Pyelectasis is a common condition that develops during pregnancy. It affects about 1 out of ever 40 fetuses. Pyelectasis causes one or both of the kidneys to swell. This swelling is caused by a buildup of urine in the fetus’ kidney.
The actual cause is unknown, but there are two conditions that can cause pyelectasis. Ureteropelvic junction obstruction which causes a blockage preventing urine to pass through the ureter into the bladder. Vesicoureteral reflux is when there is abnormal flow of urine from the bladder to the kidney.
It can also be caused by immaturity of the fetus, an extra ureter, or multicystic kidney which is a birth defect that causes the kidneys to fail.
Pyelectasis is three times more common in boy babies than it is in female babies.
There usually are no signs or symptoms related to pyelectasis. It is normally detected at the 20 week ultrasound. The ultrasound may show that the kidney is more enlarged than it should be. During the ultrasound your doctor will be looking for how large the kidney is, the appearance of the kidney, how many kidneys are affected, overall growth of the baby, gender of the baby, the amniotic fluid index, size of the bladder, and how well your baby empties its bladder. After this finding, you may be subject to additional monitoring.
Most doctors will want you to have an ultrasound every four weeks until the condition resolves itself. Most of the time pyelectasis resolves on its own. The fluid usually resolves by the third trimester.
Sometimes after birth a pediatric urologist may want to examine the baby just to make sure everything is functioning normally. There is no way to prevent pyelectasis.
There are some complications that can stem from pyelectasis. Pyelectasis can lead to hydronephrosis. Hydronephrosis is when the urine drains from the kidneys too slowly. This condition may result in your baby needing surgery after birth. Only about 15% of babies that have hydronephrosis will require surgery. Pyeloplasty is a procedure done to help remove the blockage between the kidney and the ureter. Babies with hydronephrosis may be prescribed antibiotics after birth to help stop a UTI from occurring.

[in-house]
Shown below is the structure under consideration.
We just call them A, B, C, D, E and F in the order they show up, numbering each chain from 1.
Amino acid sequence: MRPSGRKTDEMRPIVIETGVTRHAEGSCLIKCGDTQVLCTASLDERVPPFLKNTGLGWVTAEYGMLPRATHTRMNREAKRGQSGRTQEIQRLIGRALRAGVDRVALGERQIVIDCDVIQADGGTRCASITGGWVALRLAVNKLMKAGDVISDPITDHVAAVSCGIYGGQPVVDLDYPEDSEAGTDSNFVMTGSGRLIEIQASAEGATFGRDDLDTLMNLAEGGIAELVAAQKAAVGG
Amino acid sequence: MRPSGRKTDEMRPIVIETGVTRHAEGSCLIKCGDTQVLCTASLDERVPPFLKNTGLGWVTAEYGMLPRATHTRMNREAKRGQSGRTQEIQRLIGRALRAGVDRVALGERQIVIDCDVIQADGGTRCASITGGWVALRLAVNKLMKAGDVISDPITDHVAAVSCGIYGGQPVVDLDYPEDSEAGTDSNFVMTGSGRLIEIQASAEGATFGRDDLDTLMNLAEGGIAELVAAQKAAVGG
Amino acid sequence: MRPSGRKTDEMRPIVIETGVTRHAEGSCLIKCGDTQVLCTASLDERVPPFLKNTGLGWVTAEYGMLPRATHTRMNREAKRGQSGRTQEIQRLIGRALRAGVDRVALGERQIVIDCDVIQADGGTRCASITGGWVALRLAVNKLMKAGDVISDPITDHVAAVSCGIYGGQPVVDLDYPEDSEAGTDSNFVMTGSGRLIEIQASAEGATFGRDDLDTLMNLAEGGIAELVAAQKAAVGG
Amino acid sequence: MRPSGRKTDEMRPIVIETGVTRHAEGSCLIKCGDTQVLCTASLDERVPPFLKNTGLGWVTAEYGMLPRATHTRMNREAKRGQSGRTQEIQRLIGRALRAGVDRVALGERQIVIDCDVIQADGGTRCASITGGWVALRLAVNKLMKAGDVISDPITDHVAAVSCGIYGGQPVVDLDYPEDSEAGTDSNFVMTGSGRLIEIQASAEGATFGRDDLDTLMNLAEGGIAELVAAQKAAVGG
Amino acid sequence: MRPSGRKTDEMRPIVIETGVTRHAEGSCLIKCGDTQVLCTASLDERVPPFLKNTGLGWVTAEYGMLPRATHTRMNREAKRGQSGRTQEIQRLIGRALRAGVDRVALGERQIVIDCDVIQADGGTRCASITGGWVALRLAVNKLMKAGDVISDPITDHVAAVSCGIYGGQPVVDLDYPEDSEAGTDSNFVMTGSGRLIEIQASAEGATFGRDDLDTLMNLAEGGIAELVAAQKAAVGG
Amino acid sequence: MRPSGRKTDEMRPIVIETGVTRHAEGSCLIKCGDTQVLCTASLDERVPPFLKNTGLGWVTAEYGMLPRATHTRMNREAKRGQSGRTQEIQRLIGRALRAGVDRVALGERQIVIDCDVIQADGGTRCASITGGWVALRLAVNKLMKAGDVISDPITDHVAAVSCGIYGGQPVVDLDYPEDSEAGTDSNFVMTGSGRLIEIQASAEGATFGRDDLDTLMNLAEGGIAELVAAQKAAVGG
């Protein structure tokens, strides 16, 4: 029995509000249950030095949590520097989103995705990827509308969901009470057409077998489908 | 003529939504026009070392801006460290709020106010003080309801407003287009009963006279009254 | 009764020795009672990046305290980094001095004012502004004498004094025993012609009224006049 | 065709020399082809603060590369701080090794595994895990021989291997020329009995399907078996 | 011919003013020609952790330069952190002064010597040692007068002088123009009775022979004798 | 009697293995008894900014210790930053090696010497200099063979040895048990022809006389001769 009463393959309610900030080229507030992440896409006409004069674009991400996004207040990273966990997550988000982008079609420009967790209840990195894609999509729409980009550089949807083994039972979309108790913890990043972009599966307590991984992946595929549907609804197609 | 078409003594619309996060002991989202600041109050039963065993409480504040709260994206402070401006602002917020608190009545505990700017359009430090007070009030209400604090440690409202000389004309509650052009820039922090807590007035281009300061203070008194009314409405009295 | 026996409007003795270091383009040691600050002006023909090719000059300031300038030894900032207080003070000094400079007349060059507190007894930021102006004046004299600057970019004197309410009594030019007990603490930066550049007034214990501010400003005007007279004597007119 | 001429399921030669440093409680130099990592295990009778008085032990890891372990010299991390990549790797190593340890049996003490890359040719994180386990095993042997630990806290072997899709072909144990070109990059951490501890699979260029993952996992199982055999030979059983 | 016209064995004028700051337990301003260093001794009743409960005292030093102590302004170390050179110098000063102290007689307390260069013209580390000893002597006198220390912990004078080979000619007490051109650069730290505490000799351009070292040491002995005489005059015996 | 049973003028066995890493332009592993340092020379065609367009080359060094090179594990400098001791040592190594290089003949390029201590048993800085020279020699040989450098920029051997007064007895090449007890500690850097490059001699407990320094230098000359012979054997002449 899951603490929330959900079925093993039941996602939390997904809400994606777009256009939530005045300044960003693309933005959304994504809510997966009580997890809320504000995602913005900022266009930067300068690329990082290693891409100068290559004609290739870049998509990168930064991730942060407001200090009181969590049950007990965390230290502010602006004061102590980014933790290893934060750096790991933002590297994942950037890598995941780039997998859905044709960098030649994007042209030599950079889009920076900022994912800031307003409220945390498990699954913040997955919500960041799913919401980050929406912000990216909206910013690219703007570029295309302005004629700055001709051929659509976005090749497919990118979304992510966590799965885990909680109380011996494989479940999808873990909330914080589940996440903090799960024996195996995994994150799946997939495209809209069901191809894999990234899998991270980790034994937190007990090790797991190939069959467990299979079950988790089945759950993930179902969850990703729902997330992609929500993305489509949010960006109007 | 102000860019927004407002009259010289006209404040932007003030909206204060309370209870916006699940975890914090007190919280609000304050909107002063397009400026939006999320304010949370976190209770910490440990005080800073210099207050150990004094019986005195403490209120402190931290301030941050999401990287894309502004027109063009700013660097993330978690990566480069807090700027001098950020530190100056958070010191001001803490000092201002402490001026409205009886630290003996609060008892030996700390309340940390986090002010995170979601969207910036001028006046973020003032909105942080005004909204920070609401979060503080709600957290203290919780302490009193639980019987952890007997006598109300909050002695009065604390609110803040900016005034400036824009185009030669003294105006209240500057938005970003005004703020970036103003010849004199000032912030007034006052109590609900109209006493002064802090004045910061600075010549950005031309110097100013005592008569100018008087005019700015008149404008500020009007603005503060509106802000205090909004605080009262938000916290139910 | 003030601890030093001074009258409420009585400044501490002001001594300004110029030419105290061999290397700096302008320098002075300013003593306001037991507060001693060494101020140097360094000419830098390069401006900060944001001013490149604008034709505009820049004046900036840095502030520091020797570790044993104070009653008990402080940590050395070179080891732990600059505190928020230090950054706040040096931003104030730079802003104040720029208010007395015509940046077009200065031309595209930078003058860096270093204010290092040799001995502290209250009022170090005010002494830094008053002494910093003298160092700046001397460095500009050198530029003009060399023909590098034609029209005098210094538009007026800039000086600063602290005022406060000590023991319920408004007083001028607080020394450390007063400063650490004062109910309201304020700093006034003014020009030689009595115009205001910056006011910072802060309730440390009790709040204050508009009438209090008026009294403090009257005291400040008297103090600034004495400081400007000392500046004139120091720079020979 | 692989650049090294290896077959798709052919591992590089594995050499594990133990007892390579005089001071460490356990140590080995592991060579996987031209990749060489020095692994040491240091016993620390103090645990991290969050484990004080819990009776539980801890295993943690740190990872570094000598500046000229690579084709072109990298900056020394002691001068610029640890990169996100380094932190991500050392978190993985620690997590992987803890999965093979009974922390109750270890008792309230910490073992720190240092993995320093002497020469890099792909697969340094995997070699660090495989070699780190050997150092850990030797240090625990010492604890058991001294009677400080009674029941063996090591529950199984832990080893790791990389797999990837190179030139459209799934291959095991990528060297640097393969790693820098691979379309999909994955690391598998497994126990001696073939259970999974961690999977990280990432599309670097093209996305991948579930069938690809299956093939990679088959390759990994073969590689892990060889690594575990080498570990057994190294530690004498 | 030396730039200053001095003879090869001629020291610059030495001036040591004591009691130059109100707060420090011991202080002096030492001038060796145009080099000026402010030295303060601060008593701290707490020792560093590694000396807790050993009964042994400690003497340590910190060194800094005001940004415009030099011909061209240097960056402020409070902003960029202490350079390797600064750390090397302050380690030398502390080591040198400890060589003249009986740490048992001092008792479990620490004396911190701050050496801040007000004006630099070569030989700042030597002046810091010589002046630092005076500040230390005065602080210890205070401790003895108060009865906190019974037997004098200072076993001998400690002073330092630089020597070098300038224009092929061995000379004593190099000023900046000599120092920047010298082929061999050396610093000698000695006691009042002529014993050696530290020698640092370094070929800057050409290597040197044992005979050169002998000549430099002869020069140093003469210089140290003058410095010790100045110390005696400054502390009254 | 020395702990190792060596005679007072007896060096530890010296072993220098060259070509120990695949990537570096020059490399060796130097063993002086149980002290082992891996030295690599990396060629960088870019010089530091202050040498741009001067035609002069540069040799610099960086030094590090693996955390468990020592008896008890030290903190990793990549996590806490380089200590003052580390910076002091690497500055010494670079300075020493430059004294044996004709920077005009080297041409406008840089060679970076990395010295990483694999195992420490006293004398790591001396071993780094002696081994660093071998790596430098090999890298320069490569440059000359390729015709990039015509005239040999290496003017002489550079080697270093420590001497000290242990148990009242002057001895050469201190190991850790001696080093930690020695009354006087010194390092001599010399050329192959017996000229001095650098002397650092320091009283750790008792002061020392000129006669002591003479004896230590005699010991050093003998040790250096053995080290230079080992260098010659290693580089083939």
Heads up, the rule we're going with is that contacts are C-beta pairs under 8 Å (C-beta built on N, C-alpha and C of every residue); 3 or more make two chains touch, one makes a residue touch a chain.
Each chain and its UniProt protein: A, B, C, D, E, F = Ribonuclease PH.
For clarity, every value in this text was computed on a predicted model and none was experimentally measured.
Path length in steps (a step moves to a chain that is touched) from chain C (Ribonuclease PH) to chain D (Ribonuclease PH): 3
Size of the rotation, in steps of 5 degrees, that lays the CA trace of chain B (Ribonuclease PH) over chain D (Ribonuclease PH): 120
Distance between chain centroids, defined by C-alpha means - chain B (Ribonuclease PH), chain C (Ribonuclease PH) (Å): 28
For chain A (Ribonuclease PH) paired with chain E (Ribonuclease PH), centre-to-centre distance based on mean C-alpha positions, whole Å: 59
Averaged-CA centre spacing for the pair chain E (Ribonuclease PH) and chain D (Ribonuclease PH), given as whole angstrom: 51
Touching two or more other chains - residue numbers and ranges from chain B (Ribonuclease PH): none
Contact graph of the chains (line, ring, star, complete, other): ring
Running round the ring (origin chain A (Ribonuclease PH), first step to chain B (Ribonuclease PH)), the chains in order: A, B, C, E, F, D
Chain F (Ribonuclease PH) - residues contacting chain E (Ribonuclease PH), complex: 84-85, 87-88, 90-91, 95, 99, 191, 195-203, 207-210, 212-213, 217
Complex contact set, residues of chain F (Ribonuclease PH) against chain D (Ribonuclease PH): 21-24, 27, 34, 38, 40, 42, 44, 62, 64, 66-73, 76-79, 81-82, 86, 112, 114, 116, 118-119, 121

Low amniotic fluid can also happen as a result of pyelectasis. Amniotic fluid is made up partly of the baby’s urine, so when the baby is not producing enough urine the amount of amniotic fluid may be lower than normal. Lung development can also be compromised. The baby practices breathing in the amniotic fluid to help make their lungs stronger. If the levels of amniotic fluid are low, it stops the baby from being able to strengthen their lungs. This can cause the lungs to be underdeveloped.
Ninety percent of cases go away on their own. Having pyelectasis does not mean your baby will have an affected kidney function long term. Sometimes though the kidneys may be damaged from swelling or blockage. Children who develop hydronephrosis and need surgery will need to be watched overtime to make sure their kidney function stays healthy.
Sometimes when diagnosed at the 20 week ultrasound, pyelectasis can be an indicator of Down Syndrome. But it doesn’t always mean that your child will have Down Syndrome. Your doctor will be able to run a few tests to see if there is another condition that is causing your baby’s pyelectasis.
One or two kidneys can be affected by pyelectasis. It is a common condition that can affect your baby. After diagnosis, having follow up ultrasounds can be important to make sure no other complications arise. The most harmful one is low amniotic fluid. Babies with pyelectasis are usually born healthy and need no further intervention to have healthy kidney function for the rest of their lives.
Pregnancy: Your baby's kidneys will be checked at the 20 week ultrasound! #HealthSurgeon
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